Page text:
What is quantitative easing?
Quantitative easing (QE) is a monetary policy enacted by a central bank to increase the circulation of money in the country, thus stimulating economic growth. The agency does so by purchasing long-term assets such as government bonds from banks.
How does quantitative easing work?
During tough economic times, a country’s citizens get concerned about the possible loss of jobs. To stay afloat, they lessen their spending. Businesses record a reduction in clients, lower profits, and may even have to lay off some of their employees.
To deal with the situation, the central bank will act by lowering interest rates as a way of stimulating the economy. It is the government’s approach to entice you to spend more, borrow more, and expand your business. However, if the situation is still dire while interest rates are near zero, the regime may need to use a different approach. This prompts the country’s central bank to introduce a QE program.
Quantitative easing works by a central bank purchasing securities such as government bonds. Some people argue that this strategy is similar to printing money. While there is some sense to that assertion, the central bank is not necessarily availing new notes to the public. Instead, it uses financial institutions as the intermediary by way of digital money.
Through the purchased assets, the central bank increases the credit on the balance sheets of banks within the country. As such, they will have more than their reserve requirement, which is the amount that a bank should have in their reserve.
Subsequently, banks will be able to lend out more money to the public. Besides, loans such as mortgages, car loans, and business loans will be cheaper. Customers will increase their spending, hence increasing money circulation in the country.
At the same time, quantitative easing lowers the value of a currency. This attracts foreign investments and results in cheaper exports as a way to further increase the money supply in the country.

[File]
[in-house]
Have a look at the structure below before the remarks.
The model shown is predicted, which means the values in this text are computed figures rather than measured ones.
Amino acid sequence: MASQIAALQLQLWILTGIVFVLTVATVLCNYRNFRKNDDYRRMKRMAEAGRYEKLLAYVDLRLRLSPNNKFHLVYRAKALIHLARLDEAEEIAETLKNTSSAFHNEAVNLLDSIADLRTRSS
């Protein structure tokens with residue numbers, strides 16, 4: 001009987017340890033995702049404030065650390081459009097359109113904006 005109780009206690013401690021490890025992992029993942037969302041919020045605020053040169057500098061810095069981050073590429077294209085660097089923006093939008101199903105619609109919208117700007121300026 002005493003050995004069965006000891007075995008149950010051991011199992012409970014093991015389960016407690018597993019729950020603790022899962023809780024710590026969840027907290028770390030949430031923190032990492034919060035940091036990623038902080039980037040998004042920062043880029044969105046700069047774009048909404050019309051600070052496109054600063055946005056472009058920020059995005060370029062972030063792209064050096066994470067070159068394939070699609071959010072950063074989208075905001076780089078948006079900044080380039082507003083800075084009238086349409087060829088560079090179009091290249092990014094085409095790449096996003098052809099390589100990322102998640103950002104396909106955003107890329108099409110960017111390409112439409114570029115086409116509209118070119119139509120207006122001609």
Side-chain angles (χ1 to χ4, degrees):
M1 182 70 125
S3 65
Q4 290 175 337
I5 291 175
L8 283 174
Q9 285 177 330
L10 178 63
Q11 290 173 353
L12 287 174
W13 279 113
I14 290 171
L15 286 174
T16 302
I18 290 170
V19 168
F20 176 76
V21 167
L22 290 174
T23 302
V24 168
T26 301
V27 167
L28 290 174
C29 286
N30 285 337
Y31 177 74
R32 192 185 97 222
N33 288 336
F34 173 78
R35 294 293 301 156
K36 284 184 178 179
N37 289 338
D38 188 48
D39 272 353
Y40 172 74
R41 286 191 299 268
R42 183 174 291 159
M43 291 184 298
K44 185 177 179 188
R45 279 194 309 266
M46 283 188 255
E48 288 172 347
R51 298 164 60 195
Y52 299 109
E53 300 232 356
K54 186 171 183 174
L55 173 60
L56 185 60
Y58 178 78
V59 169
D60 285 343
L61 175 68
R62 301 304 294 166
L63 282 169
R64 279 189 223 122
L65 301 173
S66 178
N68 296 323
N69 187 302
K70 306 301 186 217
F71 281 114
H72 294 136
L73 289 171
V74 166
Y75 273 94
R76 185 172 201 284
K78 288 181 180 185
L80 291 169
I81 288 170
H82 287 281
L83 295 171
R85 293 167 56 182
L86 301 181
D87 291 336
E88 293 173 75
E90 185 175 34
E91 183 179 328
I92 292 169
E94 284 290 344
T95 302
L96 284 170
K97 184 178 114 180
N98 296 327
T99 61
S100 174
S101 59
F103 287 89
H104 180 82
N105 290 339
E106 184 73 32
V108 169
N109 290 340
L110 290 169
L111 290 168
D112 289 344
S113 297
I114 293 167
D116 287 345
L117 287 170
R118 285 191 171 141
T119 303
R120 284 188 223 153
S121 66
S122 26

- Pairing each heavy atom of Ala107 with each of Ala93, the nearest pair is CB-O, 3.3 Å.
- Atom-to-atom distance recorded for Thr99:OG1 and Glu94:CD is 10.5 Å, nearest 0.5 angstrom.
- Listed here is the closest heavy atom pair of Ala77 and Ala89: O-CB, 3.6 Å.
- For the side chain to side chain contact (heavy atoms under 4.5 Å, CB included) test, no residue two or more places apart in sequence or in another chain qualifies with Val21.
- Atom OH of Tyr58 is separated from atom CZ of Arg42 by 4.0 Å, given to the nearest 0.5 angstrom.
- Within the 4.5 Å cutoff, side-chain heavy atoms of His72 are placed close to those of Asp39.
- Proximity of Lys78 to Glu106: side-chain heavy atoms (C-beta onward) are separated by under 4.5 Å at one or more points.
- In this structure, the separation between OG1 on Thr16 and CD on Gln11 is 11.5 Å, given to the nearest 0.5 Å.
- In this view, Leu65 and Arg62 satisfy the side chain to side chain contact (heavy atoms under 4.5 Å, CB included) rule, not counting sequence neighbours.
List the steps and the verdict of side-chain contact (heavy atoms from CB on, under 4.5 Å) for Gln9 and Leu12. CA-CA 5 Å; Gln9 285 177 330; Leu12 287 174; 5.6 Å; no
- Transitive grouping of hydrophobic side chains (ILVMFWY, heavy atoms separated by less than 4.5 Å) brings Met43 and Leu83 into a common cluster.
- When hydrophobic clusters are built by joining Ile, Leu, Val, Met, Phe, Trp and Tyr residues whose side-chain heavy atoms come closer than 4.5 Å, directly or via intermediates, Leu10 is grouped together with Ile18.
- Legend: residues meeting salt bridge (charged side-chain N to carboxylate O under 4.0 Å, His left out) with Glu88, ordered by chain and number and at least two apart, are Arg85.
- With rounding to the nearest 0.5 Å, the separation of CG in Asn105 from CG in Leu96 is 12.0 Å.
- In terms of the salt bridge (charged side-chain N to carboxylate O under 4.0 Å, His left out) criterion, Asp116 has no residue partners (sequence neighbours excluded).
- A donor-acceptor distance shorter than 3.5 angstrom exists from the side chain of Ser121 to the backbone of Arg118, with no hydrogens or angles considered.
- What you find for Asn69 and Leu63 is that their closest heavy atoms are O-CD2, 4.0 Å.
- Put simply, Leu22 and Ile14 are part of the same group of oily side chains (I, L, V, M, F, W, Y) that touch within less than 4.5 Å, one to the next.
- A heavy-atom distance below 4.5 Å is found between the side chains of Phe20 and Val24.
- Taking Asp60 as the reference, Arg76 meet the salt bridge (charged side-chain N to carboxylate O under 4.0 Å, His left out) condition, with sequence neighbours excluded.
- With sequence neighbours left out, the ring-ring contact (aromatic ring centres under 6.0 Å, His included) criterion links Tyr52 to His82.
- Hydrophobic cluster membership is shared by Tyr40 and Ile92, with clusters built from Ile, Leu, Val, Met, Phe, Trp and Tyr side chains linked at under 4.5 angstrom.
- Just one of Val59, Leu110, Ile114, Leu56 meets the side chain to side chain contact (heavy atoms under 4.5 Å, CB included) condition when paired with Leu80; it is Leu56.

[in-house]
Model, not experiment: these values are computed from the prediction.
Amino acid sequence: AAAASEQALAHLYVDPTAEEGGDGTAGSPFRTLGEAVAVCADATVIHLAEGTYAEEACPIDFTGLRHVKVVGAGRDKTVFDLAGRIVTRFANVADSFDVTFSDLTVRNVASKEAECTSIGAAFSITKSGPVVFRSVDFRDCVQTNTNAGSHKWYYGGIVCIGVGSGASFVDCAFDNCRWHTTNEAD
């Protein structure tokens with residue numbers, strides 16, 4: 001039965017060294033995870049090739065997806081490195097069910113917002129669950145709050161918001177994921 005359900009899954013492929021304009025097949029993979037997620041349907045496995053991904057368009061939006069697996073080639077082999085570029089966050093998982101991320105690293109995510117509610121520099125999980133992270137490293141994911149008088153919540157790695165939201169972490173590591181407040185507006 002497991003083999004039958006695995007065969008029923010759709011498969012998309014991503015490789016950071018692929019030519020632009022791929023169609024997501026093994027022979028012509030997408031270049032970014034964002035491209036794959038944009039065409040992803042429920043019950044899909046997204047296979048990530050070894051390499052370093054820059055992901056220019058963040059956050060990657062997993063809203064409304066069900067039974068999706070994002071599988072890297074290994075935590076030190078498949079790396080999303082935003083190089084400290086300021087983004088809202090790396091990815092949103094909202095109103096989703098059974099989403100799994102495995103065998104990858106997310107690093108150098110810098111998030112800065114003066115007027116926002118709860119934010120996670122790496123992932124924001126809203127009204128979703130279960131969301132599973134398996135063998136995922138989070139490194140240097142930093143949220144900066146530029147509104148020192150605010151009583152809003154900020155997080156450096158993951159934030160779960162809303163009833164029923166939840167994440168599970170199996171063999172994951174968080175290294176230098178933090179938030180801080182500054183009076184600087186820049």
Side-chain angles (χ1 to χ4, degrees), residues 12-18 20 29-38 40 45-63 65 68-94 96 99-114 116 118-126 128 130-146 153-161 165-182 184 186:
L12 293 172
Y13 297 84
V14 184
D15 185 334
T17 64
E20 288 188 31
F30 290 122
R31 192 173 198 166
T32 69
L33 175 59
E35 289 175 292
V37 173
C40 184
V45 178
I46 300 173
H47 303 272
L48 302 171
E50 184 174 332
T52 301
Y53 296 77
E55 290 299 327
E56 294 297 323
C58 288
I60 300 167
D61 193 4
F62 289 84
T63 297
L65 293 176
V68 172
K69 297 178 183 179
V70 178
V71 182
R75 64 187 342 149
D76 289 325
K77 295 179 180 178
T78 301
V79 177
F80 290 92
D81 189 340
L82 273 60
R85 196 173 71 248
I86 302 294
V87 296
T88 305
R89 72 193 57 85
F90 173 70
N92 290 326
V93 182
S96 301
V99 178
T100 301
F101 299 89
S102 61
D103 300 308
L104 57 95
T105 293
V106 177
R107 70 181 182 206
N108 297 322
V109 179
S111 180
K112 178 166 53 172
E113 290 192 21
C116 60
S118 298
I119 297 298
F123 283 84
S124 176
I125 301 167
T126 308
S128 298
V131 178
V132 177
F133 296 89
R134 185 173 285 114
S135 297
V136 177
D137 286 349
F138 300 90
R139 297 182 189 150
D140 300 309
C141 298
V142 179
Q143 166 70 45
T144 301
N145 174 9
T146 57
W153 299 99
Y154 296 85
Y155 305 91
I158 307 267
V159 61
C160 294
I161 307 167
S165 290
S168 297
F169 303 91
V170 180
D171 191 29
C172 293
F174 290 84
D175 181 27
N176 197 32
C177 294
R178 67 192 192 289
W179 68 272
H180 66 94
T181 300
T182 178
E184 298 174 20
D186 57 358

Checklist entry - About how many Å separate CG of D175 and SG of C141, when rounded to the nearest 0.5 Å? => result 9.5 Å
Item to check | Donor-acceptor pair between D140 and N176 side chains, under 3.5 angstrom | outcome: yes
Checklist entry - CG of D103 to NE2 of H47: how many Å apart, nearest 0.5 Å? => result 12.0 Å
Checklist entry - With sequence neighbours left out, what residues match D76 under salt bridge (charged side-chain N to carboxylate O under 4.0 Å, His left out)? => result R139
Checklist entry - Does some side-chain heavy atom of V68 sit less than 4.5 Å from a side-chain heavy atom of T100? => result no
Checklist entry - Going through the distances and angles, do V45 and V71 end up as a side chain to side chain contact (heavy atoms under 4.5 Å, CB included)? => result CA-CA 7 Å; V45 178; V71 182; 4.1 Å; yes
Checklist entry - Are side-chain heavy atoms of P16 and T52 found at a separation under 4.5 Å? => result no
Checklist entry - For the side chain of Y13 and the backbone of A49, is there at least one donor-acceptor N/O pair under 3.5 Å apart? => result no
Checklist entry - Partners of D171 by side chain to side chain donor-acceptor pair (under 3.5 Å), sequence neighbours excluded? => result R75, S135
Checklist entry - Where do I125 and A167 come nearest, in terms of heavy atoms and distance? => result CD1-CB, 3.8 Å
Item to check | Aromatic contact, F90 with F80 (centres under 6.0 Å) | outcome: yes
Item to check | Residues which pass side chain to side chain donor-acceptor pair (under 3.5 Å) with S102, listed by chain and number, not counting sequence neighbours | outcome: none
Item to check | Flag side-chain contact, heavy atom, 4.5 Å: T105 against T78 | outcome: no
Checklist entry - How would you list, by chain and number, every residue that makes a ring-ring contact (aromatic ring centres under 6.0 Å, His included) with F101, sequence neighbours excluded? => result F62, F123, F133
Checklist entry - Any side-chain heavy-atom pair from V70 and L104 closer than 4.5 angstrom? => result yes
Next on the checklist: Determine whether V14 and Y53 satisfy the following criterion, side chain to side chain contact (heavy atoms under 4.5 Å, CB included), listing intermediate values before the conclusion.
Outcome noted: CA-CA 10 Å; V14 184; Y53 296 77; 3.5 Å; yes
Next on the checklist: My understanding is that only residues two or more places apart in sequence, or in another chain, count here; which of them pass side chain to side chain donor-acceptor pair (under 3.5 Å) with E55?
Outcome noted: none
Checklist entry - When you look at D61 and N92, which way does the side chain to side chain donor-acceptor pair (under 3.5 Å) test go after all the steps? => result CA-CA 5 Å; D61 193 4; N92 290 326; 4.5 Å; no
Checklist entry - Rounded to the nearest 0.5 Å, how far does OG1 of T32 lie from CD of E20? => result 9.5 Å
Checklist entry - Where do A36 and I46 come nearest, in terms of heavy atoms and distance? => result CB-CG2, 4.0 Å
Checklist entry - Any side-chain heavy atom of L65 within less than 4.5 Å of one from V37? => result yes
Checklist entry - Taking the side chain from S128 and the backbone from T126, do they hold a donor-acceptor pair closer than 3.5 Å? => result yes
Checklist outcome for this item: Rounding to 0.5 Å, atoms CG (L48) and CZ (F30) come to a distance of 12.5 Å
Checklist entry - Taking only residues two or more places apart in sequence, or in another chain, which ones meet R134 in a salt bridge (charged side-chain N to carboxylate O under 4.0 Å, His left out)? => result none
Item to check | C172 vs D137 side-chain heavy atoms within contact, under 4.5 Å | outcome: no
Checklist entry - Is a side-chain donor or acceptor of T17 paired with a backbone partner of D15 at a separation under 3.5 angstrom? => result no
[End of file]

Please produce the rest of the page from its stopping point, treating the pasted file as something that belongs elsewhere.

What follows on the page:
Examples of quantitative easing
Bank of Japan: the 1997 Asian financial crisis triggered a recession in Japan. In an effort to stimulate the economy, the Bank of Japan (BoJ) initiated a QE program. In addition to buying government bonds, the central bank purchased private debts and stocks. While the efforts bore fruits between 2002 and 2007, the Great Recession erased the gains.
Bank of England: In August 2016, the UK’s central bank used the QE strategy to deal with the economic impacts of Brexit. The Bank of England (BoE) announced its plan to buy government bonds worth £60 billion and £10 in corporate debt. It was a move to curb a high unemployment rate, entice business investments, and maintain interest rates at a reasonable low.
Subsequently, the country’s gross fixed capital formation, which measures business investments, grew by 0.4% at a quarterly rate. While this was relatively low, some analysts have indicated that the situation would have been worse without the QE program.
Federal Reserve: In March 2020, the United States’ central bank tackled the coronavirus-induced economic crisis by initiating a QE program that would see it purchase assets worth $700 billion. Since then, it has expanded the program as a means to inject liquidity into the country’s financial system.